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Peeking into a shop window at the Black Country Living Museum, named for the dark soot that coated this region of England dur¬ ing the Industrial Revolution, I saw the past reflected back. (Overheard at this moment: “What are we doing here? We might need to sleep on the moon.”) I ventured outside onto a spacious rooftop deck where a few smaller telescopes had been set up.
Fun fact: Middlebury’s Quidditch team (the first collegiate club team in the country, founded in 2005), is still going strong.
Image Credit: Top, Bridget Besaw Elyse Krantz is a member of College Coach’s team of college admissions experts.
Elyse received her BA in linguistics from Dartmouth College and her MA from Teachers College, Columbia University.
Prior to joining College Coach, Elyse worked as an admissions officer at Barnard College and Bennington College.
P 80 Information at *Some outdoor enthusiasts may experience bears. ' xjm ■ .ft; mn p: H, 1' J w\, w M I 8 wm m vi h Milt 7,1*. The chaos of under¬ graduate life momentarily subsides as some of its stressors crumble away.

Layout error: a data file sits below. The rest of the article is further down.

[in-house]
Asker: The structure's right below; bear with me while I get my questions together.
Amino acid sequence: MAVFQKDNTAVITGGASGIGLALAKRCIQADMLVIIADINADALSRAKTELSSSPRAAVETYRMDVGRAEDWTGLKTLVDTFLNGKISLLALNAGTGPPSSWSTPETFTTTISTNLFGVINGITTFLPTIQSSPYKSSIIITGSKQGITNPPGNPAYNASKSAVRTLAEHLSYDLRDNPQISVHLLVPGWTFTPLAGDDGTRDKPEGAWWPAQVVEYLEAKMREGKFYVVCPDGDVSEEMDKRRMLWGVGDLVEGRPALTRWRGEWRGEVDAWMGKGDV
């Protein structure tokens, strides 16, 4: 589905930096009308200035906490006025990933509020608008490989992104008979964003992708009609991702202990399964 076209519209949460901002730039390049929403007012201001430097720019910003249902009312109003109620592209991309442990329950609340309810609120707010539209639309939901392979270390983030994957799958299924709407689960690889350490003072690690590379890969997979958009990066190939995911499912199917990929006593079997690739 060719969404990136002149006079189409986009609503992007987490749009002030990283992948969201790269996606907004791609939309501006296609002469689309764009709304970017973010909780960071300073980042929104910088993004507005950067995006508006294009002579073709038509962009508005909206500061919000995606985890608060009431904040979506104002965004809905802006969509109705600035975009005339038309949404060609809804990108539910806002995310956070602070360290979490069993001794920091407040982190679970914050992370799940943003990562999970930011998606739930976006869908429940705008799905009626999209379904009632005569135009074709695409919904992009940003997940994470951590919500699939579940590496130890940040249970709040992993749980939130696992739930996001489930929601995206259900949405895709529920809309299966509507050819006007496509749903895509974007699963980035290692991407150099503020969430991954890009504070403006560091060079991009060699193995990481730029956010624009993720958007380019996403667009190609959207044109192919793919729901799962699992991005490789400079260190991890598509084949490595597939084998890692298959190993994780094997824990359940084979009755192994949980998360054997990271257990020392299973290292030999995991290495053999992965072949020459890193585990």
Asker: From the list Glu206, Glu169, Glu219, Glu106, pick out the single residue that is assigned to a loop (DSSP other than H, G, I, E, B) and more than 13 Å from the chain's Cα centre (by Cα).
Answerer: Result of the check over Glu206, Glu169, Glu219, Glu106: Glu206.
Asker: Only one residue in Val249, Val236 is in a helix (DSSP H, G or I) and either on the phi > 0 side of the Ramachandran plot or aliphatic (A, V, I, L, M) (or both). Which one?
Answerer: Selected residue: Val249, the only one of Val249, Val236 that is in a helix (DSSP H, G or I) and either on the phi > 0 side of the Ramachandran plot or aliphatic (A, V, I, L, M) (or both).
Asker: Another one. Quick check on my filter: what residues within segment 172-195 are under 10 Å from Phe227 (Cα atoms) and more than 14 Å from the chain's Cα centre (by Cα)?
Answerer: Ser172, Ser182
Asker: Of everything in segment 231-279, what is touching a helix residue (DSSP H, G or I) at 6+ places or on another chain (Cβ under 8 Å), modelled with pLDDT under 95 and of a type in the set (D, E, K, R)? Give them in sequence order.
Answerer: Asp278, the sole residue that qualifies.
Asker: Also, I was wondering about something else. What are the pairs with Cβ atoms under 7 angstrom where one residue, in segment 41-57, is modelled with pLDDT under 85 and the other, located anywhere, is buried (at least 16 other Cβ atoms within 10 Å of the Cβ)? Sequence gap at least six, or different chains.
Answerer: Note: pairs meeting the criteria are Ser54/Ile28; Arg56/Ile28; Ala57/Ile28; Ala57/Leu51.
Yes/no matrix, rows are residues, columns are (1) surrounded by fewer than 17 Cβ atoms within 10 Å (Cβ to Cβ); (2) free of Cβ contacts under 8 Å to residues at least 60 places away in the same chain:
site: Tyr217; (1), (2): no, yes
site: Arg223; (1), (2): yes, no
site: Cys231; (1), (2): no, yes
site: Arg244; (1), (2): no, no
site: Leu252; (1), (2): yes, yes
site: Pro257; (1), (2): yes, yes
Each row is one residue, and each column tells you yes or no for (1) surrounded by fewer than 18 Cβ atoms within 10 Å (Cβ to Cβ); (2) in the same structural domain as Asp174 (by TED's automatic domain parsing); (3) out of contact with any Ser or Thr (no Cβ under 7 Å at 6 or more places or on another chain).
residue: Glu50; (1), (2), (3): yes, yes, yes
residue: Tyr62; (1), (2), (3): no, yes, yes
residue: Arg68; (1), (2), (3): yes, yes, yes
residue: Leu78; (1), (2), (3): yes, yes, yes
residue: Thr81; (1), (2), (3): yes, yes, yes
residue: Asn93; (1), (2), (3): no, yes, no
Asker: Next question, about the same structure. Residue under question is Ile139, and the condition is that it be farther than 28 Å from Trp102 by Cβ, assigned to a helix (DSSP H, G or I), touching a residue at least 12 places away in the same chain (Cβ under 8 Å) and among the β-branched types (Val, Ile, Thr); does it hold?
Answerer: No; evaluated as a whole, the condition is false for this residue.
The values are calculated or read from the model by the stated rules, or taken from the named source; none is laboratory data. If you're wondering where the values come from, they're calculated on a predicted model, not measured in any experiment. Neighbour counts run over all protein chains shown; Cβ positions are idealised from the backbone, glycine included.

1 To fully appreciate Middlebury, one needs to stick around for the summer months.The Places They Work For some at Middlebury, our jobs take place far from any office or cubicle. f/8 Ritchey-Chretien reflecting telescope ■ M ,,bk Summer 2018 SEARCHING Avery Shawler ’13 left her Idaho apartment one morning to hike a local mountain range. P 42 VERMONT LIFE An alumna reflects on a Ripton landmark. But when the summertime sun glows over Mead Chapel, its rays offer a distinct hue. There’s still work to be done, there are languages to be learned, there are rows of greens to be harvested.The Insider: College Admissions Advice from the Experts is where College Coach experts weigh in on the latest college admissions topics.We cover everything from application timelines and strategies to tips on financing your child's education.Wherever we may soon be, I hope that we find some time—even for just a weekend—to return to Middlebury when the sun offers its warmest embrace. Soon, we all discovered that rushing to the darkened observatory was a futile exercise if, that is, we wanted immediate access to the gem of the facility: the 24-inch reflecting telescope housed in the dome.By Rachel Cohen ’18 Photograph by Brett Simison To fully know Middlebury well, one must spend time on campus during the summer. \ ■ URNHAl T ■■■■■■■ gpi * ' - t » '^ i :§ ..' J_ ys Bi^is ( - ■ t‘ -JKm ••••■.; « *P J f K By Simone Edgar Holmes 20.5 Photograph by Tom Weller Flakes of white ash drifted on the breeze, while sharp twangs from a blacksmith’s hammer rang out over excited shrieks of schoolchildren. A crush of middle-aged folk and their respec¬ tive offspring filled the lobby of the observatory, with a long line—at least 50 deep—snaking up the extra flight of stairs to the domed space above.All freshmen students take a writing-intensive seminar during the fall semester, which is taught by professor who also serves as their first year advisor.“Love and Death in Western Europe,” “Art and the Environment,” and “Plagues, Past and Present” are just some of this year’s unique offerings.It was surreal, chatting with the 21st-century docent in period dress— a refreshing interaction compared with the silent art galleries we’d previously visited during our museum studies program at Oxford. (Jonathan Kemp, the observa¬ tory’s telescope and scientific computing spe¬ cialist, would argue that both were worthwhile experiences.Although I had arrived expecting a foreign place and time, I instead felt wel¬ comed and invited to engage with our shared history. That’s Jonathan and his dome habitat on the cover of this issue. 38.) One of the rooftop telescopes was aimed due south, pointing above La Force Hall; I peered into the eyepiece, and there, hundreds of mil¬ lions of miles away, appeared Jupiter and four of its moons.